In a bibliographical review about finite element modellings in dentistry, FEM was described as a prevalent and useful technique in the evaluation of stress distributions in biomechanic models . During the constitution of FEM models, it was suggested that increase in the number of elements and nodes resulted in a more detailed and realistic structure . In the present study, 183,528 nodes and 863,441 elements were used in model construction, which was quite satisfactory when compared with some previous three-dimensional FEM studies [20, 21].
All elements tested in the present FEM study were assumed to be isotropic, homogeneous, and linearly elastic as in the literature [14, 15]. Due to the differences between the finite element models and the actual situation owing to material properties and boundary conditions, the results of the FEM studies should be deciphered with caution. For example, the PDL is a non-linear, viscoelastic, and anisotropic material actually . However, it occupies only a little volume in total skull models in FEM studies and its elastic properties are incomparably minor to dense structures as cortical bone and teeth. Therefore, insignificant assumptions like in the current example may form negligible effects on the outcomes derived from FEM analysis.
Previous studies have shown that the computed tomographic images are not reliable for generating detailed 3D models of teeth [13, 22, 23]. Dental age, tooth wear, metabolic calcium content, individual volumetric changes of dental sub-structures, and difference in hardness calibration techniques used to determine elastic properties of the tissues were shown among the factors that avoid the researchers to maintain a specific data for dentin, pulp, and enamel . Therefore, a single elastic modulus and Poisson ratio data that was derived from previous FEM studies was assigned to teeth in the current study which mainly focused on the effects of unilateral corticotomy of the bone model [13, 25].
Every element in nature has an elastic limit under pressure above which the deformations stop being elastic and irreversible deformation occurs. Von Mises stress is a measure of distortion energy density at a particular point in a system which is useful in ascertaining failure in ductile materials . Von Mises stress allows researchers to determine the elastic limit for any material easily; therefore, it is commonly used in computer engineering-based diagnostic experiments [9, 14, 15]. On the other hand, maximum and minimum principle stress values, defining the highest tension and highest compression, respectively, can be obtained by suitably rotating an element with no shear stress . In other words, the principle stress is the normal stress that an element will ever see under specified applied loads, like hammering a nail in one direction without causing shear forces. Principle stress could be the right criterion for the FEM studies focusing on mini-screw anchorage and orthodontic tooth movement. Based on the concerns mentioned above, von Mises criterion was chosen in the present study to investigate multi-directional 3D realistic stress occurred during corticotomy applied maxillary expansion.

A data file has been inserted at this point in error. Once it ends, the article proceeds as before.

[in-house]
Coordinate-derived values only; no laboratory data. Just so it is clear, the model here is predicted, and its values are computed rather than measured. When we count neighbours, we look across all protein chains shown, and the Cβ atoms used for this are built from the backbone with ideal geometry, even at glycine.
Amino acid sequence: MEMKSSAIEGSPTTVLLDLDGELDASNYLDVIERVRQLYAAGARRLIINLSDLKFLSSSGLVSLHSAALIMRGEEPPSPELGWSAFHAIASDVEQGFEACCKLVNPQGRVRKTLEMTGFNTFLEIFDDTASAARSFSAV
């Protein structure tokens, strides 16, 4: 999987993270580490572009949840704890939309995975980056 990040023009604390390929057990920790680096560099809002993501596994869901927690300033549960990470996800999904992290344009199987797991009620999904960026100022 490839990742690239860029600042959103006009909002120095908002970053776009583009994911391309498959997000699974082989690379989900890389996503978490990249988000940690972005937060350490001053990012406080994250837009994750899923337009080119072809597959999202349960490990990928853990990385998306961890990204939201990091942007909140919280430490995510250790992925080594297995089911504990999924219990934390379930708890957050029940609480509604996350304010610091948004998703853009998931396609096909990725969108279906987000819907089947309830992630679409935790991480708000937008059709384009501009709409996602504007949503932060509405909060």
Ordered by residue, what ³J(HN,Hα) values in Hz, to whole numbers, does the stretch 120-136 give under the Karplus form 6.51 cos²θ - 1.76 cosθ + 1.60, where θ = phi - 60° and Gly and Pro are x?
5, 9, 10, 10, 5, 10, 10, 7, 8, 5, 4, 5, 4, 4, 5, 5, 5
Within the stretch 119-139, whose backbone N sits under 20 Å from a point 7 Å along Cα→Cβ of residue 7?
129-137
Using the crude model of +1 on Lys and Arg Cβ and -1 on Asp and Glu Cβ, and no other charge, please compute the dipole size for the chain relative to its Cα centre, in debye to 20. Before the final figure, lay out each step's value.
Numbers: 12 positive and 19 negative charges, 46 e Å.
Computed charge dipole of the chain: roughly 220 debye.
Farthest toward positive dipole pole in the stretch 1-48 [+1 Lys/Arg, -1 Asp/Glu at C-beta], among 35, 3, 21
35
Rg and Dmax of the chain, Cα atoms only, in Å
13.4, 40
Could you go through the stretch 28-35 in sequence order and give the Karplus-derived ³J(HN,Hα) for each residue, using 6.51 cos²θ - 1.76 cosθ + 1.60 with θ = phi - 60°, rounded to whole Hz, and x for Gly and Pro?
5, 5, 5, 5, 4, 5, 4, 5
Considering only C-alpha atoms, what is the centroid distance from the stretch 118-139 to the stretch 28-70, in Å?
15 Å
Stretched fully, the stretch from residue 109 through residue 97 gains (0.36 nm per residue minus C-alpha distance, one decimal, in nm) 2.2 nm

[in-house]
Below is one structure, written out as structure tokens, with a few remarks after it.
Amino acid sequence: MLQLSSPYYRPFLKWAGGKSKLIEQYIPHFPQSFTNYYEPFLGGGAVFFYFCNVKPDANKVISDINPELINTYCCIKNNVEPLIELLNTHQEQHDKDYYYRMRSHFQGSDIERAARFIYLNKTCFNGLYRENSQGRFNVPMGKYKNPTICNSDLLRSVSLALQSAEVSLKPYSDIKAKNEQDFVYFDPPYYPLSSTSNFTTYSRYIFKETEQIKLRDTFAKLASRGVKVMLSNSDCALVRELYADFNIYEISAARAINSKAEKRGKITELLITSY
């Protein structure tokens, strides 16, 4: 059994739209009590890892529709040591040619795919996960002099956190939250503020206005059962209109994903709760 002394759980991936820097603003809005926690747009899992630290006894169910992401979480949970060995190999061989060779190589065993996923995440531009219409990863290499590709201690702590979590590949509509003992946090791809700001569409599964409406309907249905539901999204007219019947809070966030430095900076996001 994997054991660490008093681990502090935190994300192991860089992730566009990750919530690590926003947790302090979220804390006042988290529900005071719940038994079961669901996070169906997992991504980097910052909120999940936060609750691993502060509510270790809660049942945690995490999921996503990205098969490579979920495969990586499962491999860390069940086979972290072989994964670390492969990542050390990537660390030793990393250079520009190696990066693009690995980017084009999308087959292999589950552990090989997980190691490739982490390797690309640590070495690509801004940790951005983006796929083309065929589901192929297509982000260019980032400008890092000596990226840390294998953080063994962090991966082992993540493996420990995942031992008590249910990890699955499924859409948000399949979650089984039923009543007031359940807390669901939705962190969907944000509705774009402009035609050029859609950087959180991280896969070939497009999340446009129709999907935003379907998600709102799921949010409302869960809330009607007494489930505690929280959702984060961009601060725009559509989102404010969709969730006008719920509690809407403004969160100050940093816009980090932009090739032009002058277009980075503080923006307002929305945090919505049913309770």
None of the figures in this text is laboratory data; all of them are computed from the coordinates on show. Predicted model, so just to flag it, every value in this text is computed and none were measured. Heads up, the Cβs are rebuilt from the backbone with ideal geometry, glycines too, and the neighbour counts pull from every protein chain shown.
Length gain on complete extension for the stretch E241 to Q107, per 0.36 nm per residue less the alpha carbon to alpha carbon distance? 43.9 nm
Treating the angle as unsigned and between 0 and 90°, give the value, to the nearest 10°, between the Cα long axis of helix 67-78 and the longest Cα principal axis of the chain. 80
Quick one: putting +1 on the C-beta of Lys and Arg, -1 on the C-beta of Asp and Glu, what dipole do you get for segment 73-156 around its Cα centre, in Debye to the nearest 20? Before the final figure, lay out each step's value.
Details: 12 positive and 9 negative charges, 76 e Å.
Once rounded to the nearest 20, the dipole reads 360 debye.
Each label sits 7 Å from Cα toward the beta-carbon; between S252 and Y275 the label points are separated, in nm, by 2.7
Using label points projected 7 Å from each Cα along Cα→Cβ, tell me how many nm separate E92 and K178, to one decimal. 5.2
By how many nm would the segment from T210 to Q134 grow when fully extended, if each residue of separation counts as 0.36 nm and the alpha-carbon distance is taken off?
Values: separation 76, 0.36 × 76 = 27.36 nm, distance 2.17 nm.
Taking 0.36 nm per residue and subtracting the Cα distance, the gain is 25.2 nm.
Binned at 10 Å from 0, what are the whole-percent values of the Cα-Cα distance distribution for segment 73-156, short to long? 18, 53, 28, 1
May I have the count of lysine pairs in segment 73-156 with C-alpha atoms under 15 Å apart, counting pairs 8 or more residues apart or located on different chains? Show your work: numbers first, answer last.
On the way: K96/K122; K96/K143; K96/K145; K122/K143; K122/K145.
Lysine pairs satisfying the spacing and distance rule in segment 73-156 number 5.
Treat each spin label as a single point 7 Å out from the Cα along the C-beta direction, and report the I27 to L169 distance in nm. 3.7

Rapid maxillary expansion was pointed out to be among the most promising methods in the treatment of transversal maxillary deficiency [27,28,29]. It was stated that the main resistance regions to the midpalatal suture opening during maxillary expansion both in clefted and healthy subjects were zygomatic buttress areas in the lateral sides and the pterygoid junctions in the posterior [29, 30]. Therefore, some relieving corticotomies should be applied over these surrounding tissues for decreasing pain during maxillary expansion in adult patients .
Two corticotomies, which were performed vertically between the central incisors to the anterior nasal spine and horizontally from aperture piriformis to tuber maxilla lying under the zygomatic buttress, separated the side with transversal deficiency from the maxillary body in the present study. The corticotomy in the pterygoid junction were also added to decrease the unwanted stress on this region during RME application. Therefore, the stress relieving corticotomies recommended in the literature were simulated in the present study [15, 30, 31].
The results of the current study expressed that stress values above the corticotomy line were decreased creating a more stressed area below this line. In other words, the force generated by the RME remained in the corticotomy applied maxillary part. The stress levels of the non-corticotomy side were lower below the zygomatic buttress and higher above this region. Therefore, the over-stressed maxillary half splitted by the corticotomy could be moved easily in the transverse direction whereas the other part resisted to the RME force. Our findings were harmonious with a previous study which pointed out stress changes depending on the extent of surgical approaches .
Similar to the findings above, the stress levels calculated on the crowns and roots of the teeth on the corticotomy side were lower when compared with the teeth of the other side. The stress values decrease from crowns to the roots on both sides, which might be interpreted as buccal tipping of the posterior teeth well matching with the classic literature [1, 32].